Being Adaptable – “How about this until that’s ready?”
Simon shared an anecdote about three people arriving a bit early for their session, coinciding with a large group from a daycare centre. They had specific cycles in mind that they wanted to ride, but those cycles were already in use out on the track, so Simon’s team encouraged them to try something else.
As Simon puts it, “Sometimes it’s a case of saying, ‘How about this until that’s ready?’”
This is exactly what happened: two friends tried cycling together on a side-by-side trike, but only because their preferred cycles weren’t available. Off they went, and they did three laps around the track! This allowed them to have a chat as they went around and planned their activities for the week, showcasing the great social opportunities that Wheels for All provides.
While some participants are limited to particular cycles, flexibility is key. “Sometimes people might just be nervous to try something new.” The team’s approach is to instill confidence and provide encouragement, fostering an environment where everyone can feel comfortable exploring new possibilities.
Situations like these offer a great learning experience and a chance for volunteers to see how different challenges are handled.
As Simon says, “Adapting to varying needs keeps it fresh for me every week.”
Sum Up the Year in Three Words
“Exciting. Rewarding. Adaptability.”
For Simon and his team, every day is a learning curve with new challenges, including this one …
“Wheels for All Kingston is at the bottom of the M25. A man from Watford, at the top of the M25, contacted us. He had lost nerve function in one leg and was determined to get his own trike. He had contacted a few places but we were the only ones who responded. Our welcoming and helpful response encouraged him to make the long journey to us.”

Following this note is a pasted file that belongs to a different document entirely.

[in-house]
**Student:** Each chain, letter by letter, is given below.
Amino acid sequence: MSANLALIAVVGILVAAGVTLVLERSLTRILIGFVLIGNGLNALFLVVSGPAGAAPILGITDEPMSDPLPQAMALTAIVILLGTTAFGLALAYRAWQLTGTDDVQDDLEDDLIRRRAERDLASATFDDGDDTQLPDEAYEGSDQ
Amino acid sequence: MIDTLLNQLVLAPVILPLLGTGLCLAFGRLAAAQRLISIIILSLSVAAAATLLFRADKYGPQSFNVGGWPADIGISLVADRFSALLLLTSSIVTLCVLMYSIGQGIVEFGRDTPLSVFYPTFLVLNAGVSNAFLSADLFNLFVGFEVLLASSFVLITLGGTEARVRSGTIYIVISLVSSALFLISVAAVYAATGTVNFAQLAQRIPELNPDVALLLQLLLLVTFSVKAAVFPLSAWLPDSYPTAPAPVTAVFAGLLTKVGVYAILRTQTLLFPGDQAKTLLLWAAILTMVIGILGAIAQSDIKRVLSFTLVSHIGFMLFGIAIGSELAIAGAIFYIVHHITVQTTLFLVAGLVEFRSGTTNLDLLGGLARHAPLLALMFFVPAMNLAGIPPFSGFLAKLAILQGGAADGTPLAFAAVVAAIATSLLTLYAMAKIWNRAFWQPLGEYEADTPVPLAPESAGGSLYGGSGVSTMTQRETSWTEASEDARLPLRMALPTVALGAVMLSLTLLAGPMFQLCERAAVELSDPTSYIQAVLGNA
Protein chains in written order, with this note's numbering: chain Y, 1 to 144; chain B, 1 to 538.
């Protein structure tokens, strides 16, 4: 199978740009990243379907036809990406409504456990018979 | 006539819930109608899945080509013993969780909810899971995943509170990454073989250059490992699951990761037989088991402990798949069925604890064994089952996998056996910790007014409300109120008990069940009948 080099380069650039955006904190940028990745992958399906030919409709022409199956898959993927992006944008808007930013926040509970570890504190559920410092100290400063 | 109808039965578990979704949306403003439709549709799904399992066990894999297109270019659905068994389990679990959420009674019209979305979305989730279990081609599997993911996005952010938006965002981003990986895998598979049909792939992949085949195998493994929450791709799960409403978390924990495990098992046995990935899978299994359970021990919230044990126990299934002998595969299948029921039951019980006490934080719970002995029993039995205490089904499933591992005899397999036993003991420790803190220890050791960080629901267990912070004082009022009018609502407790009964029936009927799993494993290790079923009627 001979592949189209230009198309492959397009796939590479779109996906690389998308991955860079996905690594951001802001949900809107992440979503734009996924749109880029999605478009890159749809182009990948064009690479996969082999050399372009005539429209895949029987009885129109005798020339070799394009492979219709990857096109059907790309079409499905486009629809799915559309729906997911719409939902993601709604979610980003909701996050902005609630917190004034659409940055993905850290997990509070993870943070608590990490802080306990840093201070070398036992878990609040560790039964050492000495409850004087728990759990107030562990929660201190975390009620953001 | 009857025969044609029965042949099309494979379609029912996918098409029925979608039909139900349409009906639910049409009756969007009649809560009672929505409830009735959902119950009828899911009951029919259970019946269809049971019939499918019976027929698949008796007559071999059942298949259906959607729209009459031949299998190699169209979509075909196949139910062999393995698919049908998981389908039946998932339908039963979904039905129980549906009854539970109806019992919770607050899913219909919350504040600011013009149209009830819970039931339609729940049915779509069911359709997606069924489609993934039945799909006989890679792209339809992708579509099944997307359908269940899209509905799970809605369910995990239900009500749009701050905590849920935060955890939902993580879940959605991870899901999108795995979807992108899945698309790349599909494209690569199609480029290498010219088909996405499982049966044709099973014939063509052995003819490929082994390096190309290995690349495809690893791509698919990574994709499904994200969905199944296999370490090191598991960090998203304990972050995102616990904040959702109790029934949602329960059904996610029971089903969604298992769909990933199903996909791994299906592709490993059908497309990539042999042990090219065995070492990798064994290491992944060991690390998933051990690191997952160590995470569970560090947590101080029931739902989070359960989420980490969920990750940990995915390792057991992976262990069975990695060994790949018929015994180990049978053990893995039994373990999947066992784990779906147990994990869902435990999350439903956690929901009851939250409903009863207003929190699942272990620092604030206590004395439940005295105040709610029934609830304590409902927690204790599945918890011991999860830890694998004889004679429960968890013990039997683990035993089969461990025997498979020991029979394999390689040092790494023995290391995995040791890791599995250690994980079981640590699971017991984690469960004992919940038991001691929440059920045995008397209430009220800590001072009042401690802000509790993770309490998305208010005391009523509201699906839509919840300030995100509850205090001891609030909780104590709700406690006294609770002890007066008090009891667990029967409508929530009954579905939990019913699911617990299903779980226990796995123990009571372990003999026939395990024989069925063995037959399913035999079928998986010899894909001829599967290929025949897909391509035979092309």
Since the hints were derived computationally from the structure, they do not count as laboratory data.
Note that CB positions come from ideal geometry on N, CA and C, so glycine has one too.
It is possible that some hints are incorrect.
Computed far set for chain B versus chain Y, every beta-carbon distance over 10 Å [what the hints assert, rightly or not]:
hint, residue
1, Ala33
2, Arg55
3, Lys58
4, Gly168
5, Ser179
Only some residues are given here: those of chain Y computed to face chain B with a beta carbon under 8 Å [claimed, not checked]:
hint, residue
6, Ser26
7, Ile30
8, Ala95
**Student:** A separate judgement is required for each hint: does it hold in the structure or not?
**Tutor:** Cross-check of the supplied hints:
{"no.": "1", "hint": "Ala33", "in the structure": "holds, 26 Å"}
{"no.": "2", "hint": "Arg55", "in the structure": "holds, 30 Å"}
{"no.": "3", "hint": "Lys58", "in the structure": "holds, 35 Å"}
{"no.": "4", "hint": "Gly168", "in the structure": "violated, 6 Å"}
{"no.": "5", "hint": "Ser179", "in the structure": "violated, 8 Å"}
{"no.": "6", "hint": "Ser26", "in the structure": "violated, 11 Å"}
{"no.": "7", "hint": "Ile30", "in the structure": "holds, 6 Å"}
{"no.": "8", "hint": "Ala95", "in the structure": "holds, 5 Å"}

After spending around an hour chatting to everyone and trying four out of five trikes in the fleet, he found the right trike for him. “It was actually the one we had initially suggested, so that was a good feeling – that we know what we’re talking about!”
Simon’s passion and love for his job is clear. “It doesn’t always feel like work – it’s really fun but it’s my job. I never thought I’d go to work on Monday morning with a smile on my face, but I do.”
Simon’s Proudest Moment
“When we started doing Wednesdays, it was because Mondays were completely booked. Now, in term time, both sessions on Wednesday afternoon are also getting fully booked, so it’s hard to fit people in.”
“It’s a nice problem to have! It shows how much the service is needed and the support for it in the community.”
- Due to popularity, Simon would love to expand sessions to include Wednesday mornings.
- By providing additional training and support, he would like to help new volunteers to become more established, including those who don’t have a cycling background.
- Wheels for All Kingston works with Kingston Council and Kingston Association for the Blind (KAB) to offer tandem riding for the visually impaired. The new CEO of KAB is keen to promote the programme further, so they are hoping to have a big launch during the school holidays.
- Simon aims to partner with more local cycling clubs to offer participants the opportunity to develop their skills, including riding on the road and other advanced cycling activities.
“In the longer term, we are exploring the possibility of collaborating with another charity in Kingston, perhaps next summer, to organise a joint fundraising event involving riding at the track.”
While these plans are in their very early stages, they hold great potential for expanding the centre’s reach and impact.
Watch this space!